RERA emboldening consumers to lodge complaints against builders delaying them from possession of homes
Emboldened by new laws, around 72 percent of home buyers in India would like to file a complaint against a developer in case of a delay in possession, according to a survey by property portal Magicbricks, per PTI.
About 19 percent of respondents would like to ask for a refund, with only 10 percent willing to wait for possession if the project gets delayed.
The Real Estate Development and Regulation Act (RERA), introduced in 2017, has instilled confidence in buyers to invest in under-construction real estate projects due to protections afforded them, researchers with Magicbricks said.
Under RERA rules, builders who delay possession of a home within a specified period of time are obliged to recompense buyers for the entire sum of the property on top of interest.
Buyers who have not been given possession of their homes after five years are also entitled to yearly tax deductions.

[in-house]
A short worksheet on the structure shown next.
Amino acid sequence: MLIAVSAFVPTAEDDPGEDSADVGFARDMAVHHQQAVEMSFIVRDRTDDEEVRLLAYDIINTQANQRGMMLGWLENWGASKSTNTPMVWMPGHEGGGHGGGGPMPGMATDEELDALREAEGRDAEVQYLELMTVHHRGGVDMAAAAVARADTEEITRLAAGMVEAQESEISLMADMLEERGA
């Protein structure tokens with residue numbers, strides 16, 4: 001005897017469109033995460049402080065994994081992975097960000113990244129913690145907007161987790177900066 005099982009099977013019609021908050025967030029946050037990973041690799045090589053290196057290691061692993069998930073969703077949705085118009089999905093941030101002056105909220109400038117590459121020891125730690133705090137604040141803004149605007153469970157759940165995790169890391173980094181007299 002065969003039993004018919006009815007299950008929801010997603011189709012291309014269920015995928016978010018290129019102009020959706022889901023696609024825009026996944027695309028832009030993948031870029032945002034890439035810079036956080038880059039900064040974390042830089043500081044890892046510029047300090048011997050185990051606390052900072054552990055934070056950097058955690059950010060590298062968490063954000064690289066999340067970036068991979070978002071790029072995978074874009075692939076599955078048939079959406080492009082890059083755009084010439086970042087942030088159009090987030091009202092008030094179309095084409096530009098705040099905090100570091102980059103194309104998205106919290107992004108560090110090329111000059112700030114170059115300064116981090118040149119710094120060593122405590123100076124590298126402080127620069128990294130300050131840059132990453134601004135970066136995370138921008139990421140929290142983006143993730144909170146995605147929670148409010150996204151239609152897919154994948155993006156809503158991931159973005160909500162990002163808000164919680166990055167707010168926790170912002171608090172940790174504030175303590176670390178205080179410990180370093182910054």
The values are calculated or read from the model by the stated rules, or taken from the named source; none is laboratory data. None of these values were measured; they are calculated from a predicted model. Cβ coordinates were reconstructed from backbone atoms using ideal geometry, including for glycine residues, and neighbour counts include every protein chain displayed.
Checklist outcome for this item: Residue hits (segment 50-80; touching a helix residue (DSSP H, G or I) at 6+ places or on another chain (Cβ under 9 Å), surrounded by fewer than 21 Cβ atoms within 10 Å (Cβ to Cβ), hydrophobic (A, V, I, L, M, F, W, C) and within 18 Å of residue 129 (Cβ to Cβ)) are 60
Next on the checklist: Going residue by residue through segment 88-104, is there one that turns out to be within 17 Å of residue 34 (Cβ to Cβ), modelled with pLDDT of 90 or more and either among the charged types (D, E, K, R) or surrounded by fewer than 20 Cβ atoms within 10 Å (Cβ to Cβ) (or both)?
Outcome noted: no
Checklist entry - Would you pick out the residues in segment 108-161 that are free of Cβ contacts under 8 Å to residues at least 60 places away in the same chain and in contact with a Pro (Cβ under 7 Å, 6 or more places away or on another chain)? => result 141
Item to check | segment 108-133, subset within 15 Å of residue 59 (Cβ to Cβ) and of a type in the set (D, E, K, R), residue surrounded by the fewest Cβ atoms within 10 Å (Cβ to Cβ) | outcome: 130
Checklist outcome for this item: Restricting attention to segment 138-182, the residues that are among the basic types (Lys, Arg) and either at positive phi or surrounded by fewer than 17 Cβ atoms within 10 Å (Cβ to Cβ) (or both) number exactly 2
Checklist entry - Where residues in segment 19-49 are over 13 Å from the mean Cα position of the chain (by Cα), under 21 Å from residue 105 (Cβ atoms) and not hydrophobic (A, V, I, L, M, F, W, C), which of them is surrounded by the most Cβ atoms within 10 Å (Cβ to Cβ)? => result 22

However, there are still many gaps in the implementation of RERA as buyers still face many issues related to filing complaints, getting possession on time, and penalties for delays, Magicbricks noted. “RERA regulators need to have a mechanism for timely redressal of issues so the lost confidence of consumers is restored in the sector.”
With the exception of West Bengal, all Indian states and union territories are subject to RERA rules. Twenty-two states and six union territories have already notified RERA rules to date.
PropertyGuru Thailand Property Awards continues long CSR history with Right To Play and the Mini Heart Project
The event’s official charity partner aims to foster Thailand’s young talents and will organise a joint CSR initiative at the end of 2019
7th PropertyGuru Philippines Property Awards reveals strong and varied shortlist for 2019 edition
Solid representation from urban and and regional real estate companies
Vietnam’s most vibrant architecture practices
The country's architecture scene is steadily catching up to Asian powerhouses—and the world is watching
Cambodia’s farewell to Everything But Arms
With the impending loss of EU tariff benefits, the growing economy may find itself derailed, with implications for the property sector